I have changed the way I hold my hands at the wheel and I am seeing improvement in the consistency of the yarn. When I first started, I imitated someone I had seen who held her hands very close (3-4 in) to the orifice and very close to each other (3-4 in). I don't know why (fiber qualities, personal preference, different wheel?) but for me it works to draft out 8-10 inches of yarn (treadling v-e-r-y slowly) and then work the fiber from there. I have been alternating between actively drafting with my back hand and then feeding the yarn in... and sort of pinching with my left thumb (front hand) and holding the fibers a bit with my back hand (hands maybe 4-5 inches apart) and letting the tug of the wheel do the work. This is possible, in part, because the fiber I am working with is very clean and even, and I'm predrafting it using harlot's method, except I put my hands closer together and "snap" the fiber the first time (can't remember where I read about that one or I would link...)

One thing I am enjoying about the wheel is that it is much easier to avoid over twisting than it was with the top whorl spindle. When I swatched the last yarn I got a much more squishy, soft fabric. So I've decided to jump in and spin up the last of this natural wool blend for a secret project (shhh). Maybe after that this blog will stop being the all cream/grey/brown channel :)

Friday, September 14, 2007

Easy As Pie

Huckleberry & blackberry - my signature pie... wait, is that pretentious?

I've always wondered about the saying "as easy as pie." Did the coiner of the phrase remember what it was like to learn to make pie? Simple - yes. Easy? No. I remember when I was first learning to make pie solo (ie without Mom). The crust in the helpful Better Homes and Gardens book looked as supple and smooth as Angelina Jolie's skin. My crust reminded me of Frankenstein's monster. It was impossible to transfer the thing to the dish in one piece.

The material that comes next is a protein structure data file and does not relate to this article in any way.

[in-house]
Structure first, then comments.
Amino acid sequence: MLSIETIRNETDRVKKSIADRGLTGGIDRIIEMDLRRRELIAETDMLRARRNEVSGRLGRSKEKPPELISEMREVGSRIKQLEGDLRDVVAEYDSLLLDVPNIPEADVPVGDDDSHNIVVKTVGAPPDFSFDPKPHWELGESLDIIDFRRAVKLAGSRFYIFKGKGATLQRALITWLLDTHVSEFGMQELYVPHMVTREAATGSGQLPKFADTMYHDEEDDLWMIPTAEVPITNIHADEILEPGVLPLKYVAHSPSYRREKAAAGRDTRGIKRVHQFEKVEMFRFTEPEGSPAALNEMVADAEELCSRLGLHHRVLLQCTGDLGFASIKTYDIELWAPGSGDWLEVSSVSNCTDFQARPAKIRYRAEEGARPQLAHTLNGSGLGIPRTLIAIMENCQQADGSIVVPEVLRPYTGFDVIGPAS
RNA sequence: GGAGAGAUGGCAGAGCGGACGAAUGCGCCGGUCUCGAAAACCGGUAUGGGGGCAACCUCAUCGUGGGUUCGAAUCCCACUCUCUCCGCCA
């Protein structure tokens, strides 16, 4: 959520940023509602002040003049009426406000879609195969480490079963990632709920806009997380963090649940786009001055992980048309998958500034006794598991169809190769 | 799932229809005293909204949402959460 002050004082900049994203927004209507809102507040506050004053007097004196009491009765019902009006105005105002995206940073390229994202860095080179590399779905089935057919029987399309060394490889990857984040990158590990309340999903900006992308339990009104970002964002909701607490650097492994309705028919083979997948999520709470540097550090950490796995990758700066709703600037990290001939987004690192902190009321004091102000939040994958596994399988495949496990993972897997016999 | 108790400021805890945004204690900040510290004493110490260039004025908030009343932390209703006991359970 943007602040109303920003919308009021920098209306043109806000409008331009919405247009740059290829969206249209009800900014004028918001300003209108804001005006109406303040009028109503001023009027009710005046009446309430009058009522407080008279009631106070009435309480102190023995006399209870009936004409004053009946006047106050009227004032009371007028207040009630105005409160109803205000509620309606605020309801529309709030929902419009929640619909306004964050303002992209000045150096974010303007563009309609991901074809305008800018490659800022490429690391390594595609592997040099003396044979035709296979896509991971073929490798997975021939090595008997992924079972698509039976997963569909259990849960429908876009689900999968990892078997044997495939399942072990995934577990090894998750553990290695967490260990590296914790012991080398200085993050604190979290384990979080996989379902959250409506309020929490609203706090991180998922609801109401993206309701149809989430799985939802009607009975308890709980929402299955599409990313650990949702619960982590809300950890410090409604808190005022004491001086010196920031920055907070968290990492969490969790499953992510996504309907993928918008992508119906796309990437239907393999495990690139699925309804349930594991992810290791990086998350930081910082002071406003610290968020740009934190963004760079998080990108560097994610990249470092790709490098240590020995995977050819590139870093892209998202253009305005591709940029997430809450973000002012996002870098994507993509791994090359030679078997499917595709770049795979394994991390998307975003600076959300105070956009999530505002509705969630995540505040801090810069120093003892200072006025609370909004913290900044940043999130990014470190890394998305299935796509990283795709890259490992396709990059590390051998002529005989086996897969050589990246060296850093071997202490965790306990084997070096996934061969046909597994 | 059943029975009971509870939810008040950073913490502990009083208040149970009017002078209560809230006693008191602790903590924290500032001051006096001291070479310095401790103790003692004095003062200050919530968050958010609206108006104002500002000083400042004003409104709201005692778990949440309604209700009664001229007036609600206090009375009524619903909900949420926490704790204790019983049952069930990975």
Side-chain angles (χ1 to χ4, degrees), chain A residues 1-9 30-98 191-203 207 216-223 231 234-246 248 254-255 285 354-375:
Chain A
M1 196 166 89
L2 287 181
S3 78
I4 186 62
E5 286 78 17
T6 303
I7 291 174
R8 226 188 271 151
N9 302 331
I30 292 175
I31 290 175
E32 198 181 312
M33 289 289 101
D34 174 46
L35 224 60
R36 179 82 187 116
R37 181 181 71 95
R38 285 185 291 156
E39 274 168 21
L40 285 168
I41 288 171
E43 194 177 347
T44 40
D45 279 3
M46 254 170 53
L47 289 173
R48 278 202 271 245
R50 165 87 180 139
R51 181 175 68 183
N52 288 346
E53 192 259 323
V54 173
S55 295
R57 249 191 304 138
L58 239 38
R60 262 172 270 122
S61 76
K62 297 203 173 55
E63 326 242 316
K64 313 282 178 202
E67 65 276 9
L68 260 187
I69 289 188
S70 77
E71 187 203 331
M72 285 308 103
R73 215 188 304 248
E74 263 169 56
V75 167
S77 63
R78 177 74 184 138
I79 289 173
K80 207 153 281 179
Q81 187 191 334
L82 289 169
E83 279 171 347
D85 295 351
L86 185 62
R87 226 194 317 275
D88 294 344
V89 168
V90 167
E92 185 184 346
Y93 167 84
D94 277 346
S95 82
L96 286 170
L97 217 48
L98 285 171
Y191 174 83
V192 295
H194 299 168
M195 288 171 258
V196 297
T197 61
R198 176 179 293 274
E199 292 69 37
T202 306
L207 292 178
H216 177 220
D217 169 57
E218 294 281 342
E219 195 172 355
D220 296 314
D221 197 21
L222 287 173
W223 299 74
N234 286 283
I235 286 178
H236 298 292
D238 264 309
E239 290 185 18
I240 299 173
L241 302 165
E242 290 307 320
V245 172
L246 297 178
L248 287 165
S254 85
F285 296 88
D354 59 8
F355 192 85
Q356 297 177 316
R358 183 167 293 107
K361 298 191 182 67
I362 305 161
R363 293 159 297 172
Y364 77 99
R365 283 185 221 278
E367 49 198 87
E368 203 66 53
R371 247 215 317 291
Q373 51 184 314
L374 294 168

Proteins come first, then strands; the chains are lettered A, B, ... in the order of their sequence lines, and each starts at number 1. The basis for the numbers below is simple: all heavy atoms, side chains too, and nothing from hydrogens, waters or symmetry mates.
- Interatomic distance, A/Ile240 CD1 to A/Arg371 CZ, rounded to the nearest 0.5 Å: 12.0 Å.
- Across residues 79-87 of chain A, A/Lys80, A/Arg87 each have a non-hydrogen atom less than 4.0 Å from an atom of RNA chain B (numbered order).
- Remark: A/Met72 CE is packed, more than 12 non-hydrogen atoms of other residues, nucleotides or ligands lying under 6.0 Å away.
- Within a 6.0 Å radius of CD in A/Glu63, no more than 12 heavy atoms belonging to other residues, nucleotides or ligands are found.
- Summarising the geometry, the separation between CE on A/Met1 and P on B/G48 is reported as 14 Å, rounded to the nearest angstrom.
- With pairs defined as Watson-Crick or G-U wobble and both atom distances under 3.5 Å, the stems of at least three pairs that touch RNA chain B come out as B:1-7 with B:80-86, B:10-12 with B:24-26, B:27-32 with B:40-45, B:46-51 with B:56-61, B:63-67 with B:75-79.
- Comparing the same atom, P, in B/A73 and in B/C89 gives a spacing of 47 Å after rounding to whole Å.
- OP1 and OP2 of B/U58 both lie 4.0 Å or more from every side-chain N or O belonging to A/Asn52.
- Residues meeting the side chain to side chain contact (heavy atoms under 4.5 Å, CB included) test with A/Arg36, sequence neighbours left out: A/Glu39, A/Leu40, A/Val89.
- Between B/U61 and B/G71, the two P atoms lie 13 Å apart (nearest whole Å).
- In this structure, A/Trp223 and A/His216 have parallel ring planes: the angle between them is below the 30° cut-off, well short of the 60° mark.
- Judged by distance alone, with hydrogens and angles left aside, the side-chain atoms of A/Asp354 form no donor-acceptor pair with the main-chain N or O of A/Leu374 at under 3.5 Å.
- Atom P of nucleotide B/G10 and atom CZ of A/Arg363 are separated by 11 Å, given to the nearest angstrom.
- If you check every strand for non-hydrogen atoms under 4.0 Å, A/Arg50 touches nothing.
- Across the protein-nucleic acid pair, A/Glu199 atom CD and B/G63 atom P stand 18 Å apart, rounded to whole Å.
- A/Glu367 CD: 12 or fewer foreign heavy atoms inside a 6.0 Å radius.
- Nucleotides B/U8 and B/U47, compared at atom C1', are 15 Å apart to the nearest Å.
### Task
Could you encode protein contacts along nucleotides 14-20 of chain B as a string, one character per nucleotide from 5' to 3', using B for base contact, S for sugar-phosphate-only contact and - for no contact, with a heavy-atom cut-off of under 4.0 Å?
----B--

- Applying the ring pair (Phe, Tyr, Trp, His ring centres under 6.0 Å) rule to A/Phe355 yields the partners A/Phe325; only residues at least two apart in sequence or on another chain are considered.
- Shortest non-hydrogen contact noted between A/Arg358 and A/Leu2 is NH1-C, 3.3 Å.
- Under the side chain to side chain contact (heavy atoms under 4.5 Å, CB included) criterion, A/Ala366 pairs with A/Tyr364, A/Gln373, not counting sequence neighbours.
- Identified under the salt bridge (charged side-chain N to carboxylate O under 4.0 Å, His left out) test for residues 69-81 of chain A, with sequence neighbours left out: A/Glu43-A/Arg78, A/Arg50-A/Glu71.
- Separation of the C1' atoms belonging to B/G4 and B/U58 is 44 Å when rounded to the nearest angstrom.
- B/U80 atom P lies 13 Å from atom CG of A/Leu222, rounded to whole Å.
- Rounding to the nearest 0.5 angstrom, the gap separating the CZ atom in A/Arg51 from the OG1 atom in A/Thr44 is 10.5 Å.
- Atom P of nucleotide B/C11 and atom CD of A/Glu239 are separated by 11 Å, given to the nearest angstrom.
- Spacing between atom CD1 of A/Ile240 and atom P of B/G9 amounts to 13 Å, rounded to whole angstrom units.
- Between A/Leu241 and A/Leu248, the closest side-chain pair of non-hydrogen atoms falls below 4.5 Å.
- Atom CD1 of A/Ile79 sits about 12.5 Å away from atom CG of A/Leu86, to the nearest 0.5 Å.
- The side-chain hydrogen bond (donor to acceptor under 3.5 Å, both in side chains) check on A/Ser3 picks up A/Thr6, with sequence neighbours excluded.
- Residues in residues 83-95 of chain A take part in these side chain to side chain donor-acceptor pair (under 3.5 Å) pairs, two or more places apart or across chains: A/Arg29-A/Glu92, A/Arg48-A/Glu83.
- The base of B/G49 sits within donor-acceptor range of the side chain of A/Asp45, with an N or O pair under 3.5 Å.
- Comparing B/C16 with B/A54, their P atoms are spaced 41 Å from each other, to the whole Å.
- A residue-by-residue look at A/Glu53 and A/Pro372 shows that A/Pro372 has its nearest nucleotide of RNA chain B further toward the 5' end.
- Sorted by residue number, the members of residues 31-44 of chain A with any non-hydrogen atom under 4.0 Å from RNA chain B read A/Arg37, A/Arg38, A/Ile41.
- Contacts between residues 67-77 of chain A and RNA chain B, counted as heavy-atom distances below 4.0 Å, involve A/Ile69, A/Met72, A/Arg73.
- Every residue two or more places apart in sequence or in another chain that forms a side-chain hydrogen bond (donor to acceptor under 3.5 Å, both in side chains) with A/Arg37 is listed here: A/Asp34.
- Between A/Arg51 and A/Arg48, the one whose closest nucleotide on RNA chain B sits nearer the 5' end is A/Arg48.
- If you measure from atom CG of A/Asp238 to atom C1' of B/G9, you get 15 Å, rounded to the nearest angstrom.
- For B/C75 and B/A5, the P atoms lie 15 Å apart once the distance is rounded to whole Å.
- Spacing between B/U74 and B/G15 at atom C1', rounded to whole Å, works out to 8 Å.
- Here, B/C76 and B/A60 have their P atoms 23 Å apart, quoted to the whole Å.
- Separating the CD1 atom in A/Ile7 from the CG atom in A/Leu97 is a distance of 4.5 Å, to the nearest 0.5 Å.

I tried a floured towel. I tried a different kind of rolling pin. I tried a different a different recipe.

Like many things in life though, learning to make pie wasn't about finding a certain trick. It was about practising and learning how the process works.

A kind woman in the local spinning guild has loaned me her Ashford Traditional

Until now I've been putting the perfectionist on hold when it comes to spinning, but all of a sudden I want 200 yards of fluffy, worsted weight yarn. Now. The desire to turn my beloved fiber stash into only really amazing things has also been holding me back... So I hereby resolve to just play with the wheel this weekend and quite worrying.

Remember how I couldn't get going on a lace shawl earlier this year? This new WIP is proving that I can knit from a chart!

So maybe this spinning thing isn't too pie in the sky (forgive me).

Edited: fixed blogger timestamp (which seems to malfunction most of the time)
Edited (again): it ate half my post!

Sunday, September 9, 2007

The Ends of the Earth

First, the new place.

The living room/dining room/office as seen from near the front door.

A better look at the kitchen...

which is currently fully functional.

The best thing about the new place? 5 minute walk = beach.
Coming soon - house decor, new adventures in spinning, and a previously unblogged wip.